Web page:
It has come to the attention of the judgment debt commission, set up to investigate judgment debts paid by government from 1992 till date, that there are a number of pending garnishees likely to criticize into more judgment debts, when the Bank of Ghana (BoG) took its turn before the commission.
Mr. Patrick Atta Opoku, Head of Foreign Banking and Assistant Director at the Bank of Ghana, yesterday told the commission, presided over by Sole Commissioner, Justice Yaw Apau, an Appeal Court judge, that the court orders were made against government accounts held at the Bank of Ghana.
According to him, the debts are made up of local and foreign payment including the controversial Isofoton debt owned by government.
Mr. Opoku presented documents on debt payments to off-shore accounts and domestic accounts from 2002 to 2011, but pleaded with the court to be given some time to enable his outfit retrieve the rest from the archives.
The witness further noted that the monies so far paid could not be that the Bank of Ghana has exhausted all the payments directed to them to pay.
The Head of Foreign Banking also added supporting documents, which give the bank the authority to effect payments of debts own by government, adding that the bank never deals on the directives of the Ministry of Finance, even though the directives come from there but had to await final directives from the Controller and Accountant General before any debt payment was made.
Mr. Opoku pointed out that when the Bank of Ghana receives the final directives from the Controller and Accountant General, it conducts some checks on the issue before payments are made, after which feed-back is given to the Controller and Accountant General.
Regarding the mode of effecting such payments, the witness told the commission that the Bank of Ghana pays directly to beneficiaries by placing the monies into off-shore accounts, in cases of judgment debts arisen from foreign transactions.
On his part, the Head of Domestic Banking and Assistant Director at the Bank of Ghana, Mr. Leslie Akrong told the commission that his outfit had been able to provide details for payments made for 2009 and 2010, and are working on that of 2011.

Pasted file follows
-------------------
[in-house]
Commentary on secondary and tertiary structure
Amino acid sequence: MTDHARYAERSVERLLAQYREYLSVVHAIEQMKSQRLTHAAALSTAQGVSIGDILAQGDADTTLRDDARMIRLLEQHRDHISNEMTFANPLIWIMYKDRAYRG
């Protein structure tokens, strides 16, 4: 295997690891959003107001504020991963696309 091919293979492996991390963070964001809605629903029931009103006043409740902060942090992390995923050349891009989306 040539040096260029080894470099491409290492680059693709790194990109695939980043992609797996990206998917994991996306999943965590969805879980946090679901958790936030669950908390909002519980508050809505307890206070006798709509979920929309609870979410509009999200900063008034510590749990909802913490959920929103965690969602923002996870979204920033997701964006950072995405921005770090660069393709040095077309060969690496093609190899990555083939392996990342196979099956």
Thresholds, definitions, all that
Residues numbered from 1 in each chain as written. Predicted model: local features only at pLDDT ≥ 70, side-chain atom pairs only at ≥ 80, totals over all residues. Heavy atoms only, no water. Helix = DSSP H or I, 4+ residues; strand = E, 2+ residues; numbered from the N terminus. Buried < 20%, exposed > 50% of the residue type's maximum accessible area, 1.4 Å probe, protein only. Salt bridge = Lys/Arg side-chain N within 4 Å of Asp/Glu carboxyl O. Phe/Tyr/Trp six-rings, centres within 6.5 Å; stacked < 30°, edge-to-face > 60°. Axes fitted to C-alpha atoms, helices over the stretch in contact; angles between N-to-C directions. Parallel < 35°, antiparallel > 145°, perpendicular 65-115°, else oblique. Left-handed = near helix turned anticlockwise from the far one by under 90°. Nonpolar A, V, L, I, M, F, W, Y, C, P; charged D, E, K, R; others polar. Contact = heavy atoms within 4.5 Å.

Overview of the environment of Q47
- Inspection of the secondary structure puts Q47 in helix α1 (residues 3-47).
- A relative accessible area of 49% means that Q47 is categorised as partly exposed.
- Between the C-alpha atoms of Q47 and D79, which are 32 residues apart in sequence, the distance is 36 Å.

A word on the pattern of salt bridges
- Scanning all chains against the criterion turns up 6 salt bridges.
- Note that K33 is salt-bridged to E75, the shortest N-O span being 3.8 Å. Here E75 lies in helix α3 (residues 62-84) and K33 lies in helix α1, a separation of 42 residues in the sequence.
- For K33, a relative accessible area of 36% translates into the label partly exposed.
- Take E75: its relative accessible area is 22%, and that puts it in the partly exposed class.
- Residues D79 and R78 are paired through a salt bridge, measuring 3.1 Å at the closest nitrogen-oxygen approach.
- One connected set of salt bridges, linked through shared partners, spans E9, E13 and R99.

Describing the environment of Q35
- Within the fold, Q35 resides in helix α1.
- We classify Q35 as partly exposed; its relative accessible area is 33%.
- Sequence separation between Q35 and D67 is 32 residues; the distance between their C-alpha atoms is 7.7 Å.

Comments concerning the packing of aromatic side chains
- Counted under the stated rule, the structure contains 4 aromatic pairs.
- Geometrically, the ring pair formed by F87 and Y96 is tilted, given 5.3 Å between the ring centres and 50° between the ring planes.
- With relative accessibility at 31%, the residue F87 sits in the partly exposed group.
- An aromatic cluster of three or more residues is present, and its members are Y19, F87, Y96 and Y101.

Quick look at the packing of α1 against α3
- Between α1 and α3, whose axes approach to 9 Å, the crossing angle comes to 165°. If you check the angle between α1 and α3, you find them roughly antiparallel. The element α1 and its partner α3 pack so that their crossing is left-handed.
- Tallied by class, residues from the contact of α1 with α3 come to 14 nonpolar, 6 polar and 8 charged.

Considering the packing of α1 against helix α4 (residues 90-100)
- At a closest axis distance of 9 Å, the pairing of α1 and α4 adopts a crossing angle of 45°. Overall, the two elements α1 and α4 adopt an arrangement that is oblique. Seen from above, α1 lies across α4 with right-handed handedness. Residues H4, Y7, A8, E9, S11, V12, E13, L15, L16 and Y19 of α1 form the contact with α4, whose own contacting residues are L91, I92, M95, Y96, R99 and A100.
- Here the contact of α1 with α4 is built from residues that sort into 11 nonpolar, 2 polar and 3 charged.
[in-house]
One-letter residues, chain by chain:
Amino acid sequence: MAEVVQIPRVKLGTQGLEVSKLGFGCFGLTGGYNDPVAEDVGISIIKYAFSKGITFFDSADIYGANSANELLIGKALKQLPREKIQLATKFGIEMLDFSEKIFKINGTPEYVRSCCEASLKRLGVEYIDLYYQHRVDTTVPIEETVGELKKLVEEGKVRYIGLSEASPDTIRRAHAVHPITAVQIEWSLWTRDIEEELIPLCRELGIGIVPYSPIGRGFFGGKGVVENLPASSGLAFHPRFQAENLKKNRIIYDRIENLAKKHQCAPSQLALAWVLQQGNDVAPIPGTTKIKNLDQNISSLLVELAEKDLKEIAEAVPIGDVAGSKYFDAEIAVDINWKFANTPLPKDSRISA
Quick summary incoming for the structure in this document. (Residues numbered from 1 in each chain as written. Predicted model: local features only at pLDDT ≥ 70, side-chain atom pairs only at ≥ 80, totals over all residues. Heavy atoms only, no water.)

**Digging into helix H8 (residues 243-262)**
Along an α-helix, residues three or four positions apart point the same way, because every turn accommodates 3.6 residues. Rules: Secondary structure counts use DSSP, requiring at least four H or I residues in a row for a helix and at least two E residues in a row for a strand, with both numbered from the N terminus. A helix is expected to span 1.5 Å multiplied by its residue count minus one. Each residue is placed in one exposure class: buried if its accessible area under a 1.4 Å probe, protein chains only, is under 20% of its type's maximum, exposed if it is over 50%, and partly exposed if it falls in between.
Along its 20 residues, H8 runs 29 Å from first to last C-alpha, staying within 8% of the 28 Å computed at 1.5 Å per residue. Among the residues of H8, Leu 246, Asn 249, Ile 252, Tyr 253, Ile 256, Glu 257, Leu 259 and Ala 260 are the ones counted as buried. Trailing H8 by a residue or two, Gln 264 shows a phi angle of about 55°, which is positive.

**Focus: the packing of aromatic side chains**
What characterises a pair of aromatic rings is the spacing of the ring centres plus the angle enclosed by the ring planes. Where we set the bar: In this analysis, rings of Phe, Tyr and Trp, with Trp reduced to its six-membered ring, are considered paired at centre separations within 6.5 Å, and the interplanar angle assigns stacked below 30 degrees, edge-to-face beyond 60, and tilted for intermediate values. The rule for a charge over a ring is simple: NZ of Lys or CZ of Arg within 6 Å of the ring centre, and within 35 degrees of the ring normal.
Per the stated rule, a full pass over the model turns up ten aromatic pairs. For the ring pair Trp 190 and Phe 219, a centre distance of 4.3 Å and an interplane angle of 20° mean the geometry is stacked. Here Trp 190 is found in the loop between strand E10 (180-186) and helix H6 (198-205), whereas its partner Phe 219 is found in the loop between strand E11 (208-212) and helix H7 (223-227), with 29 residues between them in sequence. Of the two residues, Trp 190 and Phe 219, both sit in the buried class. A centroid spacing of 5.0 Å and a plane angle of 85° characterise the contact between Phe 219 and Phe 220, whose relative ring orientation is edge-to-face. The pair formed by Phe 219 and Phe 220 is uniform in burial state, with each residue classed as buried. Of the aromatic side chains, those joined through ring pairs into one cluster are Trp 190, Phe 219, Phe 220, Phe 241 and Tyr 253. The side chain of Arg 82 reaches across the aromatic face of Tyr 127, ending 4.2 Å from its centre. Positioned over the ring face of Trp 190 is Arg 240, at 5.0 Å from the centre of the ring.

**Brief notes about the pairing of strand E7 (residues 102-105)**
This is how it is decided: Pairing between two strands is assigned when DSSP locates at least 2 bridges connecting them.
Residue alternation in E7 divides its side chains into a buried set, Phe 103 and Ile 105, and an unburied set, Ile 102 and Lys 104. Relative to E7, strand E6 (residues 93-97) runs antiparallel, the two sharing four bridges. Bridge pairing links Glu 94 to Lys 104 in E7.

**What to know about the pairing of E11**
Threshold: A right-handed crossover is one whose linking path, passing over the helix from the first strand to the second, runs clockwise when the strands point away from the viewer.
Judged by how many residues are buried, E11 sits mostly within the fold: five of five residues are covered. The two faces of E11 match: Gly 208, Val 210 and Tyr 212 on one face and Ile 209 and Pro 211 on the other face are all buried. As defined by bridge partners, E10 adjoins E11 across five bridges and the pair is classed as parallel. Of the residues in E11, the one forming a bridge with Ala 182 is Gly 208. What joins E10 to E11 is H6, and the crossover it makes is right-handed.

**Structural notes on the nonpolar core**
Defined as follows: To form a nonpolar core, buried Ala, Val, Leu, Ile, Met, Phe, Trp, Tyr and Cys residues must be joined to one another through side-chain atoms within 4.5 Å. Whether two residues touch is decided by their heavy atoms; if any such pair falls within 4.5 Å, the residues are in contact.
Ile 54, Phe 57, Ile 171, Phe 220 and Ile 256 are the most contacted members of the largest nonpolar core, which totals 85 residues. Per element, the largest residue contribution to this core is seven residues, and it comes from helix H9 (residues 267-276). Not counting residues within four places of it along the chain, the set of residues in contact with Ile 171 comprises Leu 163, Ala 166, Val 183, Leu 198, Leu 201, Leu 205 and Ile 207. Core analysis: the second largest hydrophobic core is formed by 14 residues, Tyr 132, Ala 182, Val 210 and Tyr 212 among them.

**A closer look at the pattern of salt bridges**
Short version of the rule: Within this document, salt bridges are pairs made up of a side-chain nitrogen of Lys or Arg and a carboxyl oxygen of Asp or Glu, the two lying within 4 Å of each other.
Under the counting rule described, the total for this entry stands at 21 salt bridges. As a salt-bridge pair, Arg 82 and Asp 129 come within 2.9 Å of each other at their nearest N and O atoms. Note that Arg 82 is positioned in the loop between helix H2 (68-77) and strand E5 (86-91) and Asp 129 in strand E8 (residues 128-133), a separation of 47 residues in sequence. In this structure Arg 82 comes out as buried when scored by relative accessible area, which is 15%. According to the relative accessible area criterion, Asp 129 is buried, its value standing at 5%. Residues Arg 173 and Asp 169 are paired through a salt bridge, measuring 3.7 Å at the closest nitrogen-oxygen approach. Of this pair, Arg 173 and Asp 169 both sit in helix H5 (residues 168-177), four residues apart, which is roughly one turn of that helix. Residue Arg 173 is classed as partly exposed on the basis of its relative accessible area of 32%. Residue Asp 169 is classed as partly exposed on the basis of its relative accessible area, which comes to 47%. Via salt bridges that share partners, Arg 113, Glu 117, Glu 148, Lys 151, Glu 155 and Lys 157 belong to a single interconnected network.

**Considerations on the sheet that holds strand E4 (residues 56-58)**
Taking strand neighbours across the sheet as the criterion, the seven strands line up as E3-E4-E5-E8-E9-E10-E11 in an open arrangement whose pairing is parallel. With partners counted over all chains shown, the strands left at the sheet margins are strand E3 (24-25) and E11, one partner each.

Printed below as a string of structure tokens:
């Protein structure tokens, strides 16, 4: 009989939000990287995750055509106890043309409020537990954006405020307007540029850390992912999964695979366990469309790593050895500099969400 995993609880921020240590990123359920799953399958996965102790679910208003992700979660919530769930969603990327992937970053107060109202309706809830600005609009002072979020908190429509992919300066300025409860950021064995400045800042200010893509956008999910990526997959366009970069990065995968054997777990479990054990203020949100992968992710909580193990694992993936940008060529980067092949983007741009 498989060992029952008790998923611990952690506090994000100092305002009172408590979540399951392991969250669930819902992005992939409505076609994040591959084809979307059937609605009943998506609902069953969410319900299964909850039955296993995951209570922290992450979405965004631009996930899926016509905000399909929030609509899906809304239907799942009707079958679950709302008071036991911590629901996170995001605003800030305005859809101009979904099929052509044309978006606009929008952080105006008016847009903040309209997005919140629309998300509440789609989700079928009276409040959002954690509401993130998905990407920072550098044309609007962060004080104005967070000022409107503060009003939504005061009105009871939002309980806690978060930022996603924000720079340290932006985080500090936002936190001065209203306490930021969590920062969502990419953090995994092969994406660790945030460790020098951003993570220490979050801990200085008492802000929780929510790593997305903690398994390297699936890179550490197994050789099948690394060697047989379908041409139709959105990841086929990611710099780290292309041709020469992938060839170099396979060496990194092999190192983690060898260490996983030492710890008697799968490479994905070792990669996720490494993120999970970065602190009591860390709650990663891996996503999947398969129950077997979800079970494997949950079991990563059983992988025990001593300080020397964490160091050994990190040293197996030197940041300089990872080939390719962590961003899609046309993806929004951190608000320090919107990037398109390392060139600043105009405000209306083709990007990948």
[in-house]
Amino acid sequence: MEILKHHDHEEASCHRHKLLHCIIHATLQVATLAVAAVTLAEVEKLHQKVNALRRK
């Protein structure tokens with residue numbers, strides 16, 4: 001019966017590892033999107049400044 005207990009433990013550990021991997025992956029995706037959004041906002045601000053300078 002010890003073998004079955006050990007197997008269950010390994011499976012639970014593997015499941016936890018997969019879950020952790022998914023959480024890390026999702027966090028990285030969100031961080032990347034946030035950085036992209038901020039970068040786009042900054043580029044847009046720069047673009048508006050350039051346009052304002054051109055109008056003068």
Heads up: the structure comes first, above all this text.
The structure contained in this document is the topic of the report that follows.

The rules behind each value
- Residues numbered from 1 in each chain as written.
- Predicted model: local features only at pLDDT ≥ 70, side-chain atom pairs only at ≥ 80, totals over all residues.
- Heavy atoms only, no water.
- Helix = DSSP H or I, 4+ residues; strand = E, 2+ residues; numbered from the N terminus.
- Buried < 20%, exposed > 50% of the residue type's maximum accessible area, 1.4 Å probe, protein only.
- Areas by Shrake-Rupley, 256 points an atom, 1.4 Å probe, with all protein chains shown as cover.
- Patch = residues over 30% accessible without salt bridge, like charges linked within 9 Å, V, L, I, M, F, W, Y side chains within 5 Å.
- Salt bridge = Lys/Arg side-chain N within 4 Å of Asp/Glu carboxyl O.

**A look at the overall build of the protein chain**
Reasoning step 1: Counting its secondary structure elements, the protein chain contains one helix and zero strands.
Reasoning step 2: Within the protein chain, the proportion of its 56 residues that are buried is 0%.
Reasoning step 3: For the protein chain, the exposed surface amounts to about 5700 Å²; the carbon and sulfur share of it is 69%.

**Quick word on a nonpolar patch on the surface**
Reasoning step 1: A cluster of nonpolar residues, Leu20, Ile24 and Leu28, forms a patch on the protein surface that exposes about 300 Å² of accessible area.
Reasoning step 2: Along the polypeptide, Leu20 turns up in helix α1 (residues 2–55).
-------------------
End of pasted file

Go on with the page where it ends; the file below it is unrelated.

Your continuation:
According to him, because of time constraints and looking at the large volumes of documents to deal with, his outfit would go back into the archives to retrieve the rest of the documents needed for the commission to do its work.
Mr. Akrong told the commission that Controller and Accountant General with supporting reasons resulting from the debt, specifically directs the bank as to where payments should be made from, adding that the bank does not only make payments to chief directors of ministries to pay beneficiaries but also gives monies to the Ministry of Justice to execute judgment debts.
Witness noted that the bank does not deal with individuals but pay into government accounts for the various government agencies to issue payments to claimants, as Metropolitan, Municipal, Departments and Agencies (MMDA's) have sub-accounts with the Bank of Ghana.
The Head of Domestic Banking at the Bank of Ghana further indicated that the accounts held on behalf of the MMDA's are committed accounts for purposes known to them and monies are taken from those accounts as and when instructions are given.
Meanwhile, the court gave the Bank of Ghana up to April 15, this year to submit the rest of the documents required by the commission. Sitting continues today.
The judgment debt commission was established by Constitutional Instrument 79 of 2012, which was gazetted on October 2012 and has a period of 12 months to submit its report to the presidency.
The commission is expected to ascertain the causes of any inordinate payments made from public funds in satisfaction of judgment debts since the 1992 Constitution came into force, causes of any inordinate payments from public funds and financial losses arising from arbitration awards, negotiated settlements and other processes since the 1992 Constitution came into force and to make recommendation to government.
The effect of the commission's recommendations to the government is expected to ensure that public funds utilized to make payments in satisfaction of judgment debts and public debts arising from others are limited as well as ensuring that government does not incur undue financial losses when it does business with private persons or institutions.